A question raging now — and one that historians will most assuredly analyze in future years — is precisely why President Barack Obama is having so much trouble raising public support on Syria. Even with an unpopular military proposal that could elicit a “oh, not again” response from the public, exactly why are polls looking worse and worse for Obama? Are other factors involved as well?
The answer: yes. Some areas to ponder:
CBS News looks at the question in a panel discussion:
But could the thumbs down mood in Congress be influenced by the comments of Syrian President Bashar al-Assad that American could “expect everything” if Syria is hit? Could there be a backlash? NBC’s Chuck Todd thinks so — and say the administration is extremely worried about what a loss will mean in policy terms and also to Obama politically:
There’s a convergence of the left and right against it and that also seems to involve a heavy dose of partisanship.
Plus, there is indeed a shift that has occurred in the Republican Party — but some of it is also a matter of partisanship and wanting to see Obama fail:
Of all the unexpected turns in the Syria debate, one stands out most: The GOP, the party of a muscular national defense, has gone the way of the dove.
A decade after leading the country into Iraq and Afghanistan, Republicans have little appetite or energy for a strike aimed at punishing Bashar Assad for allegedly gassing his own people. To the contrary, many of the party’s lawmakers are lining up to sink President Barack Obama’s war authorization vote.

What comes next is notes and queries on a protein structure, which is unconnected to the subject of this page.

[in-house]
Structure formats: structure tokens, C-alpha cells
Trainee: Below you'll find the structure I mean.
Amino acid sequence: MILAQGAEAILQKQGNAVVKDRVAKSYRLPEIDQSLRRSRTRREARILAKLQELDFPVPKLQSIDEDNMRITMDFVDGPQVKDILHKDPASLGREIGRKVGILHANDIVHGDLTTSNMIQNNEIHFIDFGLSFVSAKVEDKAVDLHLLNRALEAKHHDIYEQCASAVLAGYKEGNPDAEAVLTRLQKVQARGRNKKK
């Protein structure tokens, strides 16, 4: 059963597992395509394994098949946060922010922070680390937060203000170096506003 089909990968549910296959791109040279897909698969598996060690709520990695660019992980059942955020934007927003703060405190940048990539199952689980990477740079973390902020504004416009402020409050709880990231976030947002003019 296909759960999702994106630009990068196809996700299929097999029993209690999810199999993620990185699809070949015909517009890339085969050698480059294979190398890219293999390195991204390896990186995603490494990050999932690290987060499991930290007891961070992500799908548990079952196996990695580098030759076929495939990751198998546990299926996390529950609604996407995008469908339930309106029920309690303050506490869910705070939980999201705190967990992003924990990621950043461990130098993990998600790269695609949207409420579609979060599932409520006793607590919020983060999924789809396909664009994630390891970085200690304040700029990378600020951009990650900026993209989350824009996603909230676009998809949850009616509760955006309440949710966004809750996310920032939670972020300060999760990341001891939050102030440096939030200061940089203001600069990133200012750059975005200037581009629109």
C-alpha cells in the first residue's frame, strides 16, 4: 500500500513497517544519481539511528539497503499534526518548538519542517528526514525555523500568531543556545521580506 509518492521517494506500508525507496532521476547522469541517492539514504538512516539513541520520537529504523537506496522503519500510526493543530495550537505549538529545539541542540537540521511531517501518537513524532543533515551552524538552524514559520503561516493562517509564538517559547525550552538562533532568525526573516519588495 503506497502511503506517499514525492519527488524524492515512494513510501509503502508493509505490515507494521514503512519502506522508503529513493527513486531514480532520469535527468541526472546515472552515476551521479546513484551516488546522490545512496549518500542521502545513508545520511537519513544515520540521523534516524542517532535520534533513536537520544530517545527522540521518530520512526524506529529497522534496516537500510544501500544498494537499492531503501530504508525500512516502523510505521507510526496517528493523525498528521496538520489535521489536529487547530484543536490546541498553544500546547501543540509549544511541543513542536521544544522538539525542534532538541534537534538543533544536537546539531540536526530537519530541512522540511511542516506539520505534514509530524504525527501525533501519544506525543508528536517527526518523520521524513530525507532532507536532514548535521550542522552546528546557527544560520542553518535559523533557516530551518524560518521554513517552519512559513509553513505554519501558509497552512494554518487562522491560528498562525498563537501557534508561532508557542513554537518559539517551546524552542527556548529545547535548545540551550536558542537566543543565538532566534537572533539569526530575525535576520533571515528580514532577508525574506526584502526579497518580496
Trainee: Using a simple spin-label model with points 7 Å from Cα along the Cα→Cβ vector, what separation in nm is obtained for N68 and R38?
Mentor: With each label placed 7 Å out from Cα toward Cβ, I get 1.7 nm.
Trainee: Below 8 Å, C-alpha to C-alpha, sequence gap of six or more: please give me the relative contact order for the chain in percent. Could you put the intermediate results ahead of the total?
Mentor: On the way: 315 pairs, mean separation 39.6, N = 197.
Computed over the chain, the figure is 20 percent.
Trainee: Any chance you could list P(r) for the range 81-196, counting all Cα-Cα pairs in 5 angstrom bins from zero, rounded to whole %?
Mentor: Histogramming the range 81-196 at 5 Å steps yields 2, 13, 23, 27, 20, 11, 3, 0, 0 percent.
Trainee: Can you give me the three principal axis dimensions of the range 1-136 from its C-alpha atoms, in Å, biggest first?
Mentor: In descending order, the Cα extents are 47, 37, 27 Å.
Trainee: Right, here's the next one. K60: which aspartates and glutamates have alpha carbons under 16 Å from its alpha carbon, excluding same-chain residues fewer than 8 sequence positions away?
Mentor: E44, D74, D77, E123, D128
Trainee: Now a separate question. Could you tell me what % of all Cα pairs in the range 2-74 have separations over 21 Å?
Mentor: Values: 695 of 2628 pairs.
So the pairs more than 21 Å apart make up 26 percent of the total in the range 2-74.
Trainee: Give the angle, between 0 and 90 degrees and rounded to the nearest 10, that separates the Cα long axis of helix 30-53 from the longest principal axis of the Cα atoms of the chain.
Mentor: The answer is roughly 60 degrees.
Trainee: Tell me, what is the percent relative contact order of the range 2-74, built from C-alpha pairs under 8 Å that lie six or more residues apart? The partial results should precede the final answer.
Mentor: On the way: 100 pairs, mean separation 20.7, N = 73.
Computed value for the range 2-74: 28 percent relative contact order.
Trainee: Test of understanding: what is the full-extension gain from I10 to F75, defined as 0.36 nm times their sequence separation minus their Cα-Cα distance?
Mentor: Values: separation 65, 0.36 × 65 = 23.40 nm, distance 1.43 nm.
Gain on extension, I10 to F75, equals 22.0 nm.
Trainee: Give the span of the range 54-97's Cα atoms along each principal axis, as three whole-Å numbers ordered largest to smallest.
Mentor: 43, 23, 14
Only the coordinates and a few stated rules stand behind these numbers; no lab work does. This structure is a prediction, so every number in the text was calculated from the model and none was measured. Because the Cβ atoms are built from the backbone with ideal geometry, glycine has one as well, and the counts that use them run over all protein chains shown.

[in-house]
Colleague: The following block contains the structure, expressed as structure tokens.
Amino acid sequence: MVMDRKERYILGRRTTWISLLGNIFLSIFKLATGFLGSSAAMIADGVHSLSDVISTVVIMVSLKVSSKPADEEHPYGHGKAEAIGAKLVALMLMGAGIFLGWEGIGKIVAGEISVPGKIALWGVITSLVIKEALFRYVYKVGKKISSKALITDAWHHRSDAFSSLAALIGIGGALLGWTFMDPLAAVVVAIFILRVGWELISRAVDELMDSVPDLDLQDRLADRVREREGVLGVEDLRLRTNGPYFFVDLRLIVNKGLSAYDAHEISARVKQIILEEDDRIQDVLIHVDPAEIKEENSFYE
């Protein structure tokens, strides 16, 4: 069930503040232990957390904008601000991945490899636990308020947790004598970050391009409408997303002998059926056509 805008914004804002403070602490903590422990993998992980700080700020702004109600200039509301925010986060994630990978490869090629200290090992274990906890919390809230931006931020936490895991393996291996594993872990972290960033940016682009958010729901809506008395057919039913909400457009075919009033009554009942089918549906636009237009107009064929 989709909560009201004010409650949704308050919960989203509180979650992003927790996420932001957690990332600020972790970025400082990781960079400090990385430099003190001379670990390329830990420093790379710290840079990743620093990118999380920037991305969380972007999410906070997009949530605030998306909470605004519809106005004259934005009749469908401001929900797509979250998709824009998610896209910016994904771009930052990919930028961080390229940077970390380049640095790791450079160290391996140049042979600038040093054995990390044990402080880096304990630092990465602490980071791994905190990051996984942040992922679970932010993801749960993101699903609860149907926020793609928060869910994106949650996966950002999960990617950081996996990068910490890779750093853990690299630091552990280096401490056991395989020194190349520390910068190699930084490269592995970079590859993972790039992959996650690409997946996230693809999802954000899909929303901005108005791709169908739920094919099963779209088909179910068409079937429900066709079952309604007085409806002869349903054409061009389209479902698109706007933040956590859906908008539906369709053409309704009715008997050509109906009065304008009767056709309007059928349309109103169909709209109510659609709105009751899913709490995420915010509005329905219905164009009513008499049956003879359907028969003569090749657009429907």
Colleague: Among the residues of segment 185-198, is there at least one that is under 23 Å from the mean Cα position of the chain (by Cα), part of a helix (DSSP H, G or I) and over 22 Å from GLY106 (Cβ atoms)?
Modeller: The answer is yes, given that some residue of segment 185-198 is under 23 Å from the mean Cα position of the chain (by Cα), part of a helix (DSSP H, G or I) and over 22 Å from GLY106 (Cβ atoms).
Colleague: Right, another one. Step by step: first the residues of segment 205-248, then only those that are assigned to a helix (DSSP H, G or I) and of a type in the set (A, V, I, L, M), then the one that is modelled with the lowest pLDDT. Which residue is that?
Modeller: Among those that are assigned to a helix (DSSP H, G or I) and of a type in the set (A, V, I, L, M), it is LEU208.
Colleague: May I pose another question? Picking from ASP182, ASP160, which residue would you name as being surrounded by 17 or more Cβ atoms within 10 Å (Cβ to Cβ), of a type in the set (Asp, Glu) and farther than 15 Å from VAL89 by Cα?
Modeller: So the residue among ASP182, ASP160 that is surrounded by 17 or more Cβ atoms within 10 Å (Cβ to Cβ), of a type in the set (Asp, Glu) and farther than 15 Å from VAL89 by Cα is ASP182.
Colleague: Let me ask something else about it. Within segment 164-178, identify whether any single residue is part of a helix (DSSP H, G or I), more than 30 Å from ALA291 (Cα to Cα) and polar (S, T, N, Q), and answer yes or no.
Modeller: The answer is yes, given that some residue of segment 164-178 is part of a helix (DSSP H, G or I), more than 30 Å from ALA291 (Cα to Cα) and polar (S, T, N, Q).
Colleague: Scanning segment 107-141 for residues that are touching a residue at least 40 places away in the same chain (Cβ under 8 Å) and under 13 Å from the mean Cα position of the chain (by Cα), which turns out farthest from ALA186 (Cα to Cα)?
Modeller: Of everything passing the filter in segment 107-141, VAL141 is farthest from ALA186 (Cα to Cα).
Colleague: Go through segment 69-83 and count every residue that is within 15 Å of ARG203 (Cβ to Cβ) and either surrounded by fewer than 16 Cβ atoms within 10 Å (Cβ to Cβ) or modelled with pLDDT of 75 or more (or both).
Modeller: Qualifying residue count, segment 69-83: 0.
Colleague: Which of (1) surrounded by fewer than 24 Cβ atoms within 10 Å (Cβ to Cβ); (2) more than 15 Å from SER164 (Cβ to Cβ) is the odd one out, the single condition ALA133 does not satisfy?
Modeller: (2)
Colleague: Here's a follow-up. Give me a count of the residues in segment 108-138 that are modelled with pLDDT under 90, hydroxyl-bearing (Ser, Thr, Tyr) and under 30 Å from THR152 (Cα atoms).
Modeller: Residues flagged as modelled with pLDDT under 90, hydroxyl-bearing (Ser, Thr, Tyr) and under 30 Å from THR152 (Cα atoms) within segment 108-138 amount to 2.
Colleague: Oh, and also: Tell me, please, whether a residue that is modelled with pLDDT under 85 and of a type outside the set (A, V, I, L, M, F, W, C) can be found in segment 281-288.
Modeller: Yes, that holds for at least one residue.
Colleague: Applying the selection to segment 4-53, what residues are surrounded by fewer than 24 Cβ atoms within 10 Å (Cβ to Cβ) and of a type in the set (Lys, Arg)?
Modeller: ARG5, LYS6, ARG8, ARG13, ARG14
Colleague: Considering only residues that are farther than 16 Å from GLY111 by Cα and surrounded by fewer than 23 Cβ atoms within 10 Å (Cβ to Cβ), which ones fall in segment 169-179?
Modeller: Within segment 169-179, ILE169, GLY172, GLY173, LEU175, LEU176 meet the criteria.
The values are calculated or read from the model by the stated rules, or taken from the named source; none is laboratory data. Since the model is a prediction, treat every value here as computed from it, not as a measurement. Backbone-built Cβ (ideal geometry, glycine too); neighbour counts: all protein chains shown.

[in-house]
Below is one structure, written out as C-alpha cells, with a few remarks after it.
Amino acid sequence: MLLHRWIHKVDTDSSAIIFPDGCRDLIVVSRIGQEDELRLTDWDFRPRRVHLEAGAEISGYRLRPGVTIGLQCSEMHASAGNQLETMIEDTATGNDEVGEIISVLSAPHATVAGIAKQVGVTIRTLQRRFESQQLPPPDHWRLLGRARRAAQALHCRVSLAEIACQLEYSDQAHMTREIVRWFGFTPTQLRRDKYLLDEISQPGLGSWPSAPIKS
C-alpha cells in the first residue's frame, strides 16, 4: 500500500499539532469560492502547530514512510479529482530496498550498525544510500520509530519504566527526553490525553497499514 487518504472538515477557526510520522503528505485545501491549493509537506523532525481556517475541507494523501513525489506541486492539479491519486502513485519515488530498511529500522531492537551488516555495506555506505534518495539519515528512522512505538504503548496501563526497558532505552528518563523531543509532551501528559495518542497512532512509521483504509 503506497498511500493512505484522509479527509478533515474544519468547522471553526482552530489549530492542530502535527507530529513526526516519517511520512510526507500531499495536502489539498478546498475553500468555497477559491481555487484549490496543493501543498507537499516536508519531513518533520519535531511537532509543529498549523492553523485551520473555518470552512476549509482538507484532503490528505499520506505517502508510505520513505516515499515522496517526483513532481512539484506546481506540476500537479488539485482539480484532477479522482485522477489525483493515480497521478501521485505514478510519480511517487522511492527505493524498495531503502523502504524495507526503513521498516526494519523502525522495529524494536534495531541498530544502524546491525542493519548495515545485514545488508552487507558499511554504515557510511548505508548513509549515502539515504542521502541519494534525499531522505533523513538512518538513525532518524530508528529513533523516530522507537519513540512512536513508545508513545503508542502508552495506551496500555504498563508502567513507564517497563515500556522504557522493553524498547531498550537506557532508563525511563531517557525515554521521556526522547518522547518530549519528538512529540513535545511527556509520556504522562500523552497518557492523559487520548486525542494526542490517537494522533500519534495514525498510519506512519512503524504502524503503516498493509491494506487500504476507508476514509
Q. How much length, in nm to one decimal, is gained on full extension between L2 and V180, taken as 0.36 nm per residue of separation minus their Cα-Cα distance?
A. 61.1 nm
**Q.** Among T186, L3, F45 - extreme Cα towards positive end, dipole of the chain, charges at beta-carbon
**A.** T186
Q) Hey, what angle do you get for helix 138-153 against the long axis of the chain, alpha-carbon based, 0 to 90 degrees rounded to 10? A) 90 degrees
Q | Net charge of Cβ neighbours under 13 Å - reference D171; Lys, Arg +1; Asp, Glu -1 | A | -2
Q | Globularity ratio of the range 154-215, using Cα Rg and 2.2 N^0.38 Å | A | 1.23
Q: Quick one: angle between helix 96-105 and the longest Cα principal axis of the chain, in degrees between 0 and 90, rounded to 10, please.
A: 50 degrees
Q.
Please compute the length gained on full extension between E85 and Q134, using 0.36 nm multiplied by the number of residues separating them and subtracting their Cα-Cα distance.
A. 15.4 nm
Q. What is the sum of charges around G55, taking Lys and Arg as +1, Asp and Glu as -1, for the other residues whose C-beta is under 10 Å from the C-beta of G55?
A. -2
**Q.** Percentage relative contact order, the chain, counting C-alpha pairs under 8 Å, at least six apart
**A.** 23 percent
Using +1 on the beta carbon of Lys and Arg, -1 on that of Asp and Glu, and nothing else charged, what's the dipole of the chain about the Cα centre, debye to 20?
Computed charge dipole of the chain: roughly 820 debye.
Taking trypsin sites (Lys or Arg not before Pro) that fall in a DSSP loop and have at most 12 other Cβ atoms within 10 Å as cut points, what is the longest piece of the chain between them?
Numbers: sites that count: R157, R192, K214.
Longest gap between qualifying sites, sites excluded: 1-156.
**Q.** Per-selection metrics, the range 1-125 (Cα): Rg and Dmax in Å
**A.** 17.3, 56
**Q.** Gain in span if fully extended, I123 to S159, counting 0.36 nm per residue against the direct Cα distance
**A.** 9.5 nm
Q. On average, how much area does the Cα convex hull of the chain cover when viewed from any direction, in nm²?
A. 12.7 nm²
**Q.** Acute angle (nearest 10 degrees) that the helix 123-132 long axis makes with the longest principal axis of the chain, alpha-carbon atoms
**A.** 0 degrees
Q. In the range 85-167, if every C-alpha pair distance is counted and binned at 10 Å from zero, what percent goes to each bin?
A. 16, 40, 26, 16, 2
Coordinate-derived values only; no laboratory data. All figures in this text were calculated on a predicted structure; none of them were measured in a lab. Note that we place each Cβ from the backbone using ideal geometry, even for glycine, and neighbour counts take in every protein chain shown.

Of the 279 Republicans currently in the House and Senate, 84 were also serving in October 2002. All, with the exception of one, voted to give George W. Bush authorization to invade Iraq. Now, just 10 of those 84 have come out in support of striking Syria. Most of the others have expressed serious reservations or are leaning against voting for the authorization.
That the shift has many possible causes — the enormous toll of American lives and taxpayer dollars exacted by two faraway wars since 2001, the antagonism toward a Democratic president, the very different circumstances in Syria than Iraq — makes it no less remarkable. From the Vietnam War through the Cold War and into Afghanistan and Iraq, an aggressive foreign policy has been as much a part of the Republican Party’s identity as low taxes and opposition to abortion.
Predictions: When there’s a Republican President the Party will shift back again.
But the bottom line is that many Americans a now war weary and distrustful of military operations in light of the looooooooooooooooong Vietnam, Afghanistan and Iraq wars which also peppered with assurances. To many Americans of both parties, leaders suggesting a military operation won’t drag on for years now strike them (no matter how valid the leaders’ concerns) like being like to Professor Harold Hill from Music Man trying to peddle his boys band idea by raisings concerns about a pool table:
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